These guys make it possible for everyone to enjoy free to play games

By on November 2, 2012, 2:30 PM

Although it may seem like developers are getting the shaft when it comes to free to play games, the model is actually a win-win for gamers and developers alike. Unlike a demo, free to play titles give players the full game experience without having to pay a single dime.

Sure there are in-game extras that can be purchased with real money, but they aren’t necessary to progress through a story. It’s perfect for casual players as well as those looking to discover the next game that really gets them excited. The latter, of course, is exactly the reason why we’re seeing more games released under this model.

Gamers that are willing to invest real-world money in a free to play game essentially make it possible for everyone else to enjoy the game free of charge. Jared Psigoda, CEO of browser game publisher Reality Squared Games, says these dedicated gamers are called whales. For a number of publishers, whales make up a significant portion of revenue from free to play games.

Mobile monetization research firm PlayHaven claims that the top 10 percent of players can account for roughly half of all in-app purchase revenue. That sounds like a lot of money being shelled out from just a handful of players which leads to just one question: who are these whales?

Wired recently set out to answer this very question and found a couple of people willing to discuss their extensive in-app purchases. Lee is a 42-year-old businessman from California with an annual income in the six figures.

He admittedly spent close to $5,000 in the Facebook game Happy Kingdom before finding his latest obsession, Clash of Clans. He’s only been playing the latest game for about a month but has already invested nearly $1,000.

Lee says that spending money on video games like this is actually cheaper (and healthier) than his previous hobby: drinking. He said it wasn’t uncommon for him and a small group of friends to spend upwards of six grand between them in a single night. 

Lee’s spending pales in comparison to what other whales are dishing out, however. Vince is a 45-year-old divorced guy with a 16-year-old daughter. He claims to bring home between $200,000 and $400,000 each year.

His game of choice is Battle Pirates, another Facebook title. It’s in this virtual world that he has spent more than $16,000 since early 2011. Vince reportedly seemed shocked when he tallied up the total, believing it was probably closer to $5,000. It’s all for nothing, he told the publication.

“You want to be the top guy,” Vince says. “Once you convince yourself to spend two hundred dollars on it, another two hundred dollars isn’t that much more.”




User Comments: 7

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TomSEA TomSEA, TechSpot Chancellor, said:

Wow....that is just INSANE. $16,000 over less than 2 years for a Facebook game? And one that he doesn't even play anymore? Someone needs to see a shrink.

"There's a sucker born every minute." P. T. Barnum

BlueDrake said:

Wow....that is just INSANE. $16,000 over less than 2 years for a Facebook game? And one that he doesn't even play anymore? Someone needs to see a shrink.

"There's a sucker born every minute." P. T. Barnum

Care to look at Korea? Nexon was the general driving force of F2P, especially when it came to North America. Sure some I'm sure dabbled with the system, but when others seen it's success? No surprise that everyone jumped on board, especially the general casual game genre.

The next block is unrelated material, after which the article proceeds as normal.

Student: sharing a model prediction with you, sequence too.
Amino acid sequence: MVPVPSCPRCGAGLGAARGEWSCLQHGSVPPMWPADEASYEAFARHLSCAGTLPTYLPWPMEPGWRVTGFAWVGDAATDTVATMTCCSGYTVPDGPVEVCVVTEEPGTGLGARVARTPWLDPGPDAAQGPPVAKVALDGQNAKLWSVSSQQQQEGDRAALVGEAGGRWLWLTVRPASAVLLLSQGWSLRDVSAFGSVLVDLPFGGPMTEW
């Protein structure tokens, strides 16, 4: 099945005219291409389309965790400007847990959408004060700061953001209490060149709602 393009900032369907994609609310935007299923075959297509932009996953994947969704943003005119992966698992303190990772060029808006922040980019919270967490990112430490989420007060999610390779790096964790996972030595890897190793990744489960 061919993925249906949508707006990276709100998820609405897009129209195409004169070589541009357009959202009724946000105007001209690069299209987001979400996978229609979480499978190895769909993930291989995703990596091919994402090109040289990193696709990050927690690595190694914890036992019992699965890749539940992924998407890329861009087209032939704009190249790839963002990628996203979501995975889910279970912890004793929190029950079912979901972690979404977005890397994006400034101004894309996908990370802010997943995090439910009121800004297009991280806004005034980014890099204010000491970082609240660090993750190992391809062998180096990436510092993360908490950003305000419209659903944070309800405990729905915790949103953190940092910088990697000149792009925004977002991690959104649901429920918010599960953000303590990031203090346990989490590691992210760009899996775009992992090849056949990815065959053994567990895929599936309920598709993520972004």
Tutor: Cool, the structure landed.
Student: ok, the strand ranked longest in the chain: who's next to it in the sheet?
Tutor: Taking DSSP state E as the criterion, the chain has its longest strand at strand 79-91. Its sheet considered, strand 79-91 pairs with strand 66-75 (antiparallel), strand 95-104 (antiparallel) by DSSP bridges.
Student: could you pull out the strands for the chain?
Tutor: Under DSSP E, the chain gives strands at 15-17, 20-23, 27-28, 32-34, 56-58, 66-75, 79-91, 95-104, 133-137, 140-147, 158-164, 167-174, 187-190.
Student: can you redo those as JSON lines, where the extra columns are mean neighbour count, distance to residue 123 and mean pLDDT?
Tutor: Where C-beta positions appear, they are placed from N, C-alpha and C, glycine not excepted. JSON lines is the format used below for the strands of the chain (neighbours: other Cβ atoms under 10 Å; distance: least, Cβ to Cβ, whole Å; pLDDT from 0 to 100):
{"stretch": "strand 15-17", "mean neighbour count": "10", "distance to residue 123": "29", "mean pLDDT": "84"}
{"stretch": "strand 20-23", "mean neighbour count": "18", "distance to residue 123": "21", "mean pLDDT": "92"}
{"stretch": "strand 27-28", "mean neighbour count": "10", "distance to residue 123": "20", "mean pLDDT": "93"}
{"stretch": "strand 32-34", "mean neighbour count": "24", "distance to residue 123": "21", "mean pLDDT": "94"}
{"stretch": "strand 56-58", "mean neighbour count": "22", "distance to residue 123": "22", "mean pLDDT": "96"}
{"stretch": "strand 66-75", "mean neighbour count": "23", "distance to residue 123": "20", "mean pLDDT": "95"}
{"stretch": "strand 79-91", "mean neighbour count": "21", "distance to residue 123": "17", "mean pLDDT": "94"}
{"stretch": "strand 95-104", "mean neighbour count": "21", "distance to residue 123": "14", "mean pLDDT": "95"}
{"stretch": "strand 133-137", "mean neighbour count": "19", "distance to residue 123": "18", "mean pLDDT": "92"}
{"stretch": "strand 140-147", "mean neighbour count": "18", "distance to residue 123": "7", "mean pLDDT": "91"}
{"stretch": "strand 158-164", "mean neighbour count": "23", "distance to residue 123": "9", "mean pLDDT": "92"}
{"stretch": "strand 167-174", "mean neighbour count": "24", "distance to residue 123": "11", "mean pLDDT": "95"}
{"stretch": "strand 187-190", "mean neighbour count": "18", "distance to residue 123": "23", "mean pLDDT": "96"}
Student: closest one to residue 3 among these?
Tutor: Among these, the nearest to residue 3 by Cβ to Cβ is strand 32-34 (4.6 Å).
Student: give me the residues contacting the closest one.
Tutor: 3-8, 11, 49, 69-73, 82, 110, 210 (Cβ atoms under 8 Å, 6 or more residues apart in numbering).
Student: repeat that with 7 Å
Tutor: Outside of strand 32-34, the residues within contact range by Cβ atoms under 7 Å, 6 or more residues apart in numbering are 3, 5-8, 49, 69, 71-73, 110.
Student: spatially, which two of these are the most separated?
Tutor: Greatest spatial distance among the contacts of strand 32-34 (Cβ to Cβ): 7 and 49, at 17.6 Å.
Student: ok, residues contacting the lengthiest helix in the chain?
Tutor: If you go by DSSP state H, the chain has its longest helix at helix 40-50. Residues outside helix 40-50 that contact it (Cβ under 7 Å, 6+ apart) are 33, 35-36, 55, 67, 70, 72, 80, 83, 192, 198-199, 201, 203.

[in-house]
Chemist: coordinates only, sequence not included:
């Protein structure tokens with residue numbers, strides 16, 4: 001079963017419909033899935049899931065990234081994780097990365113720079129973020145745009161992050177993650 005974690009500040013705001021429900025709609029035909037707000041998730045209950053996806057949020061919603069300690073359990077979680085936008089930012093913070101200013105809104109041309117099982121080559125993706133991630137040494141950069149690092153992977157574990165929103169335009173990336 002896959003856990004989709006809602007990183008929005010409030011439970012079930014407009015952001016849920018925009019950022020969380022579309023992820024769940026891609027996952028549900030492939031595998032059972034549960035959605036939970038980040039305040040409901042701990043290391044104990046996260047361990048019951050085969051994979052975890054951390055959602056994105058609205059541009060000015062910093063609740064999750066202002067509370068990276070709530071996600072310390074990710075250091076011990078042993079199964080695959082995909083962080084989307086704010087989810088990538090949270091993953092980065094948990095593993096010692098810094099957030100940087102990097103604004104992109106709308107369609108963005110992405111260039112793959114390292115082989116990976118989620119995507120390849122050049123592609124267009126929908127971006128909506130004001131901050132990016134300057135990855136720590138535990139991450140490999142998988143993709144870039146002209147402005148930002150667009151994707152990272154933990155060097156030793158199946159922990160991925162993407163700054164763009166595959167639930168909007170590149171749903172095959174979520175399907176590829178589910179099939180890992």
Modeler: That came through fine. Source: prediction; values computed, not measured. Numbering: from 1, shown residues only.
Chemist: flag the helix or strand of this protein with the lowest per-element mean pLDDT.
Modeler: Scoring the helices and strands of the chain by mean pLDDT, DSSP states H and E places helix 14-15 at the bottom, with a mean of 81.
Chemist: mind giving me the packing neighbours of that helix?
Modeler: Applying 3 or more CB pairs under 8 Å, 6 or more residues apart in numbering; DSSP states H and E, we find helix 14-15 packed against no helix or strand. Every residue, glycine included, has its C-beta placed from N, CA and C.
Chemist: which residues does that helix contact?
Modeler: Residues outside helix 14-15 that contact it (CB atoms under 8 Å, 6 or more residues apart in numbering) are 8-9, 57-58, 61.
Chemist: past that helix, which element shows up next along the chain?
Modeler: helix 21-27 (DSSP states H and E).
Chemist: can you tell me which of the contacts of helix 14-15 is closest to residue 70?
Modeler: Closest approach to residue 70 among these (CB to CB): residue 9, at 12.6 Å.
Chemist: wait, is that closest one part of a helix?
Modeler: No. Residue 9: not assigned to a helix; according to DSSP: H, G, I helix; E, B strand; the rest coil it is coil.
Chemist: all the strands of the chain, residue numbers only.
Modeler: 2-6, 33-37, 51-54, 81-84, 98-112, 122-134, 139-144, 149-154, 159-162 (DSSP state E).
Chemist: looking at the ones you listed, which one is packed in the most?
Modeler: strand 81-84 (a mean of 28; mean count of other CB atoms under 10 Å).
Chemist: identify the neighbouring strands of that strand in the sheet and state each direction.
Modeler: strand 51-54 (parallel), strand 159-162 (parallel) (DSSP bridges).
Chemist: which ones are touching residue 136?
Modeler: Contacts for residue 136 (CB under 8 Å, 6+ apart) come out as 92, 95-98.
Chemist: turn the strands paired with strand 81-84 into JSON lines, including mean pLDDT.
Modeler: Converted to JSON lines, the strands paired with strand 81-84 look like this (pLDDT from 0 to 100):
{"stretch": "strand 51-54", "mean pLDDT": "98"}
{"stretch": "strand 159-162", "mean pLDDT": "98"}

Sub-based was the norm until F2P made a huge impact. There are people who spend hundreds, even in black market forums over game items. Be them hacked (duped) items or something really one of a kind, there's always someone wanting to buy them. To then fill out multiple characters.. you can see it becoming a huge business. Then include the actual in-game bonuses of extra gold or exp, mainly in the MMO market of course it's thousands spent.

You see people easily spend $100+ for things. I'd direct you to Nexon in North America, for the general high price of things. There's been things from $1 to $100 and people buy it, without even so much as a second glance. I'll admit my own personal spending was high, nearly $5,000 but that was across multiple accounts for 6 years. So that's more of a general casual to someone, unlike those who would spend that in a few months time.

Guest said:

Rich and stupid

well isn't he just ripe for the taking

oh wait he all ready has been

TJGeezer said:

Better hobby than drinking, one spender says. Probably so. Alcohol kills or injures a lot more people, often not even the drinker, than gaming does. If he can afford it, why not?

1 person liked this | SNGX1275 SNGX1275, TS Forces Special, said:

$16k over a year and a half isn't much when you are pulling in $450k. Even if he 'only' made $200k its 8% of his income, as long as he's able to pay other bills I don't see the harm. Its something he enjoys doing, who are we to judge.

Martan Martan said:

Yea, sounds about right. I can spend hundred a night drinking at a bar without a single regret the next morning. Well except for the hangovers.

Why would I care for a couple of dollars for some gems?

Martan Martan said:

Yea, sounds about right. I can spend hundred a night drinking at a bar without a single regret the next morning. Well except for the hangovers.

Why would I care for a couple of dollars for some gems?

Adding to that, I am no rich, just in comparison, paying for these games of ten, twenty, fifty bucks really is not a big deal. It really depends on your income though, I would have spent quite a bit if I had a six figure salary. lol

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